Tag Archives: genealogy

The Thomas Alfred Code Journal – Letters-Part 19- Code Family–“Michell was never known to have any money, excepting at or after tax sales”

Standard
The Thomas Alfred Code Journal – Letters-Part 19- Code Family–“Michell was never known to have any money, excepting at or after tax sales”

 

30594437_10155698816201886_2242085628453847040_n.jpg

 

Author’s Note—Since *Nathaniel McLenaghan was a customs collector in Perth beginning in 1897 and Edward the 7th was on the throne from 1901-1910 so this letter was written in the 1897-1910 time frame.

Apology

Nathaniel McLenaghan, Esquire. Collector of Customs and of Inland Revenue for His Majesty, Edward the 7th, by the Grace of God, of the United Kingdom of Great Britain and Ireland, and of the British Dominion beyond the Seas, Kings and Defender of the Faith, Emperor of India, and to all these presents may come, we sent greeting.

Dear Mr. McLenaghan,

We, the undersigned, who live, move and have our being (doing as little real work as possible) in and around the County Buildings in the Town of Perth feel that we have done you a grave injustice by circulating foul slanders calculated to injure you, not only in your official capacity, but also your private associations, if such were possible.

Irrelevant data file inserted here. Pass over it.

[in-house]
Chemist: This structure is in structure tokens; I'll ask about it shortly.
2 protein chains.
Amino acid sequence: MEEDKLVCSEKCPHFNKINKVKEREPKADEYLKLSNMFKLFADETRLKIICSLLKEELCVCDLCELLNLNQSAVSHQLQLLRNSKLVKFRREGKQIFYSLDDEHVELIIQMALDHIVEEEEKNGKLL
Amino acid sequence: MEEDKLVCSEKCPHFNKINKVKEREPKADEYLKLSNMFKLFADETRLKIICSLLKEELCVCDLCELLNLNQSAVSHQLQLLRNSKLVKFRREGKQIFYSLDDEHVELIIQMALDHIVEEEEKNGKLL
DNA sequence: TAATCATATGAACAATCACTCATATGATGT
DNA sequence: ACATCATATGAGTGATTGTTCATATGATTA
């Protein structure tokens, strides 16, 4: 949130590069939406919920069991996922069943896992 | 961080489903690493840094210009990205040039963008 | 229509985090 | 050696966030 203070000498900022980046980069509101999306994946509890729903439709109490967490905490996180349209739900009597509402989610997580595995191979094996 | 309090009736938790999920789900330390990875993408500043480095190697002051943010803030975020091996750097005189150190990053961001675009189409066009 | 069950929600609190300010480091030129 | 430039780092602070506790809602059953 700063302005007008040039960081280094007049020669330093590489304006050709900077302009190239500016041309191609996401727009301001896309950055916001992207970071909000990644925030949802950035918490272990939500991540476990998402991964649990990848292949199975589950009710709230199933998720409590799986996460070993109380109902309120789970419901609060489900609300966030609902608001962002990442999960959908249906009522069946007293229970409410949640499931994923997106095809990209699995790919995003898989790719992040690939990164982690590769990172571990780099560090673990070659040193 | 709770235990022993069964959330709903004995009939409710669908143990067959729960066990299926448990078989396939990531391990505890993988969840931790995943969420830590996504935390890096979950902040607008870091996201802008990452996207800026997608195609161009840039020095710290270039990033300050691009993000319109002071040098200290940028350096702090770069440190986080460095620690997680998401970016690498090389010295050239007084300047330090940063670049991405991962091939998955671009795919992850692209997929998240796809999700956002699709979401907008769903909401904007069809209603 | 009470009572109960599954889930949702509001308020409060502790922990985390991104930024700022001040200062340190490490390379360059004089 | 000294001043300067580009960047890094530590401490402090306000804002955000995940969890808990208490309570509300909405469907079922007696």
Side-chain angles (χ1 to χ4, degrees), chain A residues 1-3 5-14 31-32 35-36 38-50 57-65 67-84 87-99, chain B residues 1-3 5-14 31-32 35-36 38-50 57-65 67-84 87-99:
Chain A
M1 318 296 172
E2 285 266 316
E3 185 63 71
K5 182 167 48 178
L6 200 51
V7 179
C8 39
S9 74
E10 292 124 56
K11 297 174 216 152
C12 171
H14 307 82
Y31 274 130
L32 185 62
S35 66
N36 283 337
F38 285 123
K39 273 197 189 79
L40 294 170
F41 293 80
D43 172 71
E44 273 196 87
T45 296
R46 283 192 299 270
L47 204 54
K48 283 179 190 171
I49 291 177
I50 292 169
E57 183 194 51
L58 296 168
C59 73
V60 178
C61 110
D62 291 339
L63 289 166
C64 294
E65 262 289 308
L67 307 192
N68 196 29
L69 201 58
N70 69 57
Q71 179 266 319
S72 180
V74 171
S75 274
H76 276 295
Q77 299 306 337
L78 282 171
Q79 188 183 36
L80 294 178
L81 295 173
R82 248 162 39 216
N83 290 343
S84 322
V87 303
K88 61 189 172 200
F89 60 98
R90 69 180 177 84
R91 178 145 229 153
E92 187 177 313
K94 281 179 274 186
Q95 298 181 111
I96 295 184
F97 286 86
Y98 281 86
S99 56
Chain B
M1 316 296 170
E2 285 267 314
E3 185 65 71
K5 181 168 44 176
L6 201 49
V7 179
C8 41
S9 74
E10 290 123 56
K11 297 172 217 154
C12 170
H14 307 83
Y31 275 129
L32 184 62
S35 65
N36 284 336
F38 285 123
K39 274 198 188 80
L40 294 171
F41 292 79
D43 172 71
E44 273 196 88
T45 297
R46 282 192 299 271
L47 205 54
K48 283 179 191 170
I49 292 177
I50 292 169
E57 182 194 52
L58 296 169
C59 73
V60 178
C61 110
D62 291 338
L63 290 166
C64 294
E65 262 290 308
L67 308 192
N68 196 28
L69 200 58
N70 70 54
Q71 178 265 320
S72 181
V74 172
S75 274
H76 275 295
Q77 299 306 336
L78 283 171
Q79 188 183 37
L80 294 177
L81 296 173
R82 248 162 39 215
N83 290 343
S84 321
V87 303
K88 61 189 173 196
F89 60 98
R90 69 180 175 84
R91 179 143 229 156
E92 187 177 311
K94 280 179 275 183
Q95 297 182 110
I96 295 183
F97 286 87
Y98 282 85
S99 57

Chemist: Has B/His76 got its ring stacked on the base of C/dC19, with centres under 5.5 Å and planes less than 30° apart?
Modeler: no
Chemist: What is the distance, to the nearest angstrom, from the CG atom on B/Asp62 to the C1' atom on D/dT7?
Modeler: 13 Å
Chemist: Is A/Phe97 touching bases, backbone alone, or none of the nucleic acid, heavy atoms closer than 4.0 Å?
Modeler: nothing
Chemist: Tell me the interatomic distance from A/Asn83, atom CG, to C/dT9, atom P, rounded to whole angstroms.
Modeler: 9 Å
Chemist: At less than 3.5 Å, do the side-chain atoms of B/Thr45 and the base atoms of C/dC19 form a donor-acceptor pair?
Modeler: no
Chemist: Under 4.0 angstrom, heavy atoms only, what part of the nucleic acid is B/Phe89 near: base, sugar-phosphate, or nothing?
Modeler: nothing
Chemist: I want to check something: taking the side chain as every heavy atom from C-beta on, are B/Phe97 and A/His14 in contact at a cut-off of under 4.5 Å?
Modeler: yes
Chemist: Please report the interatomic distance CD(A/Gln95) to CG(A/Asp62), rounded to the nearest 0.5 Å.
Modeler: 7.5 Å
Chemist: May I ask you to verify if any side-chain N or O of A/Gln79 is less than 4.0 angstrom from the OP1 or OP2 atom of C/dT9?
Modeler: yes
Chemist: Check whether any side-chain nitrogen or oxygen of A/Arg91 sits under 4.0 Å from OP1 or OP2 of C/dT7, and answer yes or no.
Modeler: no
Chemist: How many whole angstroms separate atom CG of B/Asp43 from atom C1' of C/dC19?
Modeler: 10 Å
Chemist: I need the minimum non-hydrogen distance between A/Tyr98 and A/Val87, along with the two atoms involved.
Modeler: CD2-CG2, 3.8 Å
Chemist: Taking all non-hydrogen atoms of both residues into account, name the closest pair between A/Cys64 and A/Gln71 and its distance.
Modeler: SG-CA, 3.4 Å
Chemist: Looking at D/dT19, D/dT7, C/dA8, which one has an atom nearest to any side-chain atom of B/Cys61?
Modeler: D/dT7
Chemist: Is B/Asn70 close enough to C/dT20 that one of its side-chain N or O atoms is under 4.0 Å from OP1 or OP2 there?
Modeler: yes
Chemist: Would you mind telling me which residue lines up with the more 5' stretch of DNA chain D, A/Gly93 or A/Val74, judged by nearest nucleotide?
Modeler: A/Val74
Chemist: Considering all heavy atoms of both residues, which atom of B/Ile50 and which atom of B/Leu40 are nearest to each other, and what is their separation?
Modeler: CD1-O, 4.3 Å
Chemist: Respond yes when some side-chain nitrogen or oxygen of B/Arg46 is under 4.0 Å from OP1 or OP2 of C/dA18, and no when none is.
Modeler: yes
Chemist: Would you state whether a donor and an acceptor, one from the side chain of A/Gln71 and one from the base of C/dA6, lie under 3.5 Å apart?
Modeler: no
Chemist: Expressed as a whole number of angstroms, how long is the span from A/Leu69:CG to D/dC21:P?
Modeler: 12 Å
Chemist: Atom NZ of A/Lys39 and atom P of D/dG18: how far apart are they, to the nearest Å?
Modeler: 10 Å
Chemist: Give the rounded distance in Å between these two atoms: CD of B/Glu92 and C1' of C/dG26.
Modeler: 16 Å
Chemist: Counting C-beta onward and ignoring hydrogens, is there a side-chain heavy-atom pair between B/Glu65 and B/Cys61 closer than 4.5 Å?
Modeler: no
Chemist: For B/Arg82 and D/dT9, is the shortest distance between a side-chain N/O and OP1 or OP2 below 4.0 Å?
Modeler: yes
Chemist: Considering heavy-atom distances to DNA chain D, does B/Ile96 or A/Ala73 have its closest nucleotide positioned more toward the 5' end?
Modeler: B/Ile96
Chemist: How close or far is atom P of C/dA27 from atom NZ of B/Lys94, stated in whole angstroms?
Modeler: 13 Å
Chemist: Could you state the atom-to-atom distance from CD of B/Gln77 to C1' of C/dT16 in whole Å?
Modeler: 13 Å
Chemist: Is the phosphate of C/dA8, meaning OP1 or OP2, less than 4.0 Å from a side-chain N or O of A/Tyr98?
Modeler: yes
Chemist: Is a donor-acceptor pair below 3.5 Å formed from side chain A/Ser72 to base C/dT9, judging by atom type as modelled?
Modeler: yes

We doubly regret our actions as well know your reputation in the community will not stand much trifling with and we hasten to make redress. We plead in mitigation of our offence the fact that we have become so accustomed to stating what is not the fact, that it is most difficult for us to tell the truth excepting when a lie will not suit  our purpose, and we trust that this apology will, with the hereinafter mentioned compensation, be accepted by you as a full and ample settlement of the whole matter and a peace offering from us.

We may say that as far as our information goes, you did not steal any wood from the Inspector of Public Schools, Francis L. Mitchell, to wit, and we base this conclusion on two grounds, either of which we deem good and sufficient.

Firstly: Mr. Mitchell had no wood to steal, that is, we believe all the wood he has been known to have since he moved to the Rideau, has been gathered by him at night from the premises adjacent to his cottage and we understand that at such times you were in company with, and like him, make your own provision for the next day. As a consequence, in our opinion, you would not be at all likely to take such a long chance on being caught, as would necessarily result from an attempt to take any of Michell’s plunder.